Agreeable Employees Get Lower Salaries

Do “nice guys finish last?” The answer is “no,” but when
it comes to compensation, nice women and men finish a
distant seconds.

Research shows a wider gap (18%) among men as a group when
it comes to which man receives more compensation – the
agreeable or the less-agreeable male.

The salary gap for agreeableness among women was only 5%.
As such, the “mean girl” syndrome is not that much of a
compensable advantage for a woman and in fact may be a
disadvantage in a male dominated profession.

For purposes of the research, agreeableness was defined by
the attributes of helpful, friendly, warm, caring, and
soft-hearted.

The researchers attributed their findings among men and
women to the effects of masculine stereotypes in the
workplace, which place a higher perceived value on risk
taking, assertiveness, self-promotion, competitiveness,
directness, etc.

But in many organizations, the problem is less about
stereotypes and more about the lack of a systematic
process for determining compensation. In the absence of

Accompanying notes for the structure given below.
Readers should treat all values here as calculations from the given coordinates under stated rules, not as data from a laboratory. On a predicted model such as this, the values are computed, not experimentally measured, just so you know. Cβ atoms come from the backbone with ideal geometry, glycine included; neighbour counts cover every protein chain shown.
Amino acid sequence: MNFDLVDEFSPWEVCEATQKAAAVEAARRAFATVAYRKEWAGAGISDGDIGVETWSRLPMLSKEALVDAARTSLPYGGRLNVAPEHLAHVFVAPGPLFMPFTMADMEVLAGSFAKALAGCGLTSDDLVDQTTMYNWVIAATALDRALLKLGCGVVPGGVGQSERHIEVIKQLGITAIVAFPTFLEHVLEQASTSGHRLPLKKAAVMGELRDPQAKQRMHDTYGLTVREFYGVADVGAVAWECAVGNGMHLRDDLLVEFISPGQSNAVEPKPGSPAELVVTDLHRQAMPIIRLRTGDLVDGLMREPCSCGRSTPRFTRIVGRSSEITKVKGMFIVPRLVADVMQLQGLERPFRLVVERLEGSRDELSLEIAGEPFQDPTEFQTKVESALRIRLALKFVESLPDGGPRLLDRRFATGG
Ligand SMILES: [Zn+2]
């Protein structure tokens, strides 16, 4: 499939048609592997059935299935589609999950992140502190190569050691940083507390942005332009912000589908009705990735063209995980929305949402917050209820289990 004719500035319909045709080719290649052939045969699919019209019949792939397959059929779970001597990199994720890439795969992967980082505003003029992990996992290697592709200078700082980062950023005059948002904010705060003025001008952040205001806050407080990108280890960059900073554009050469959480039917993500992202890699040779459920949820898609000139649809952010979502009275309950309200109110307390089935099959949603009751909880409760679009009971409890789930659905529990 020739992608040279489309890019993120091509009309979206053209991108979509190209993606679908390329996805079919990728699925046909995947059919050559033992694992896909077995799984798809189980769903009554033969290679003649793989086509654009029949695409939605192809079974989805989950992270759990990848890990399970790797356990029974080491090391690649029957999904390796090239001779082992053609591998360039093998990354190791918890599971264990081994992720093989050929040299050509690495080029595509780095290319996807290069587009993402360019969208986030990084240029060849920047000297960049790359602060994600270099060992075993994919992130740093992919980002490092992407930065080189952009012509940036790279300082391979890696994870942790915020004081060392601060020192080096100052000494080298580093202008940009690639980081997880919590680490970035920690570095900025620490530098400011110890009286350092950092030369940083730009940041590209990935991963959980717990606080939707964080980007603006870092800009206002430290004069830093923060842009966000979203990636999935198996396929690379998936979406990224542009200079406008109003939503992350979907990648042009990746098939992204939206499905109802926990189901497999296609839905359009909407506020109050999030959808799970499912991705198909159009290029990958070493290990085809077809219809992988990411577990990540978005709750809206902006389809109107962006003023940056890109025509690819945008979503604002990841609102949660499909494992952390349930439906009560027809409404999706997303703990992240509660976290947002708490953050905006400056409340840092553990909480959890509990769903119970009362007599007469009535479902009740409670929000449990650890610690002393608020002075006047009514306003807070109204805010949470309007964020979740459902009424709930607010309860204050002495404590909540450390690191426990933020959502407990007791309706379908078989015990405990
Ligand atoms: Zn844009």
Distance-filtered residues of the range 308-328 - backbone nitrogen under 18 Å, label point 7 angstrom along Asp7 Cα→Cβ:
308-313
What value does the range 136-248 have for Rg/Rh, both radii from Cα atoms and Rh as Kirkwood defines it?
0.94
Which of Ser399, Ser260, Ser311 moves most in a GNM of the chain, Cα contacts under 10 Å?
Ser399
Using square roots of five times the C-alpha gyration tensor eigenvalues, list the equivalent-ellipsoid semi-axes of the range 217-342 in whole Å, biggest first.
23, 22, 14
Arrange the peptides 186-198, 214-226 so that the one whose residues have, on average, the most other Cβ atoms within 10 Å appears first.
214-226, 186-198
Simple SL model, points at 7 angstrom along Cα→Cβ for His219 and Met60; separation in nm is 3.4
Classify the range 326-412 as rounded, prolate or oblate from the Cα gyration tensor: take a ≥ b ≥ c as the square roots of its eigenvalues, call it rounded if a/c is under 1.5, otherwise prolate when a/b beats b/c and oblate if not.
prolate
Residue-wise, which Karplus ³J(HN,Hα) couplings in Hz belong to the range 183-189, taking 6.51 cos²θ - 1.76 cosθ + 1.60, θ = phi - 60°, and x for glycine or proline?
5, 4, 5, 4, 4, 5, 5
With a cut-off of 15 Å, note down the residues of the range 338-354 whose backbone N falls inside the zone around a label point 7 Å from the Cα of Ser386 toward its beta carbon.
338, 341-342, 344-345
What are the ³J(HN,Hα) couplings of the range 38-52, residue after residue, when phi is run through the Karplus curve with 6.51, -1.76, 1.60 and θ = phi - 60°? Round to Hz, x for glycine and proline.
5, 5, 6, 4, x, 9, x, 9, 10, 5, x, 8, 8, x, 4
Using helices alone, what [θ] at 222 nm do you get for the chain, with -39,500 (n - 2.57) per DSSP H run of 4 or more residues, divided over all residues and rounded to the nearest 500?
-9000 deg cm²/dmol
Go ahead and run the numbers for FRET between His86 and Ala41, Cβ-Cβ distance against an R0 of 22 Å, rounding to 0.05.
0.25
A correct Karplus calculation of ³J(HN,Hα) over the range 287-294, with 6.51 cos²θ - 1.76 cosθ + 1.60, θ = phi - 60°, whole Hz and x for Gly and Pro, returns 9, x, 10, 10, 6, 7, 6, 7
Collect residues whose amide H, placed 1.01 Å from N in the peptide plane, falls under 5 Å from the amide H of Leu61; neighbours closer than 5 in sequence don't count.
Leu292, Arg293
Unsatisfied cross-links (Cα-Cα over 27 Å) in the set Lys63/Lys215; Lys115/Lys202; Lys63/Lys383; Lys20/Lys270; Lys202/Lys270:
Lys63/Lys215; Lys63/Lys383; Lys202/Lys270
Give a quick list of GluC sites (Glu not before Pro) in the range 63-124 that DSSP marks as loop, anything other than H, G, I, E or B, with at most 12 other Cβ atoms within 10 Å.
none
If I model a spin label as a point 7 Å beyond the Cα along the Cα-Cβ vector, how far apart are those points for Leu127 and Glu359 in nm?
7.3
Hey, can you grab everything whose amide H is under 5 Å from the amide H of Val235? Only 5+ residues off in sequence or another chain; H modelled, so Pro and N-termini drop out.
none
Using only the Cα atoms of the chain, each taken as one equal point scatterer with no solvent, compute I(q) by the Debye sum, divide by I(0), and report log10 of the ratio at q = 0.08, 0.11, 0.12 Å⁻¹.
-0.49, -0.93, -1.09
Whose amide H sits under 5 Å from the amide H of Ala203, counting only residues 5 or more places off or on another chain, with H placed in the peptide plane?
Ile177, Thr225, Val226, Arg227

good compensation structures, the result is that business
owners and executives are likely to be fooled by external
factors.

Additionally to a certain degree, there exists a gender
pay gap between men and women. An expert on salary
coaching for women, Olivia Jaras, www.salarycoaching.com ,
notes that many times this gap is less about gender and
more a function of women (1) not sufficiently prepared
with data for a salary discussion and (2) not knowing how
to properly present themselves (i.e., women need to
present as women, not as men).

Olivia’s position is that women have the ability to use
the soft-skills of helpful, friendly, warm, and caring to
achieve compensation excellence without appearing to
exhibit those stereotypical male traits that often result
in women being called some not very nice names.

Olivia’s advice for women is applicable to men as well.
The fact is that any well-prepared individual, overly
agreeable or not, does not have to be at a disadvantage in
a compensation discussion.

Finally when confronted with a well-prepared individual,
an organization will be at a significant disadvantage if
it does not have a competitively structured approach to
compensation.

 

 

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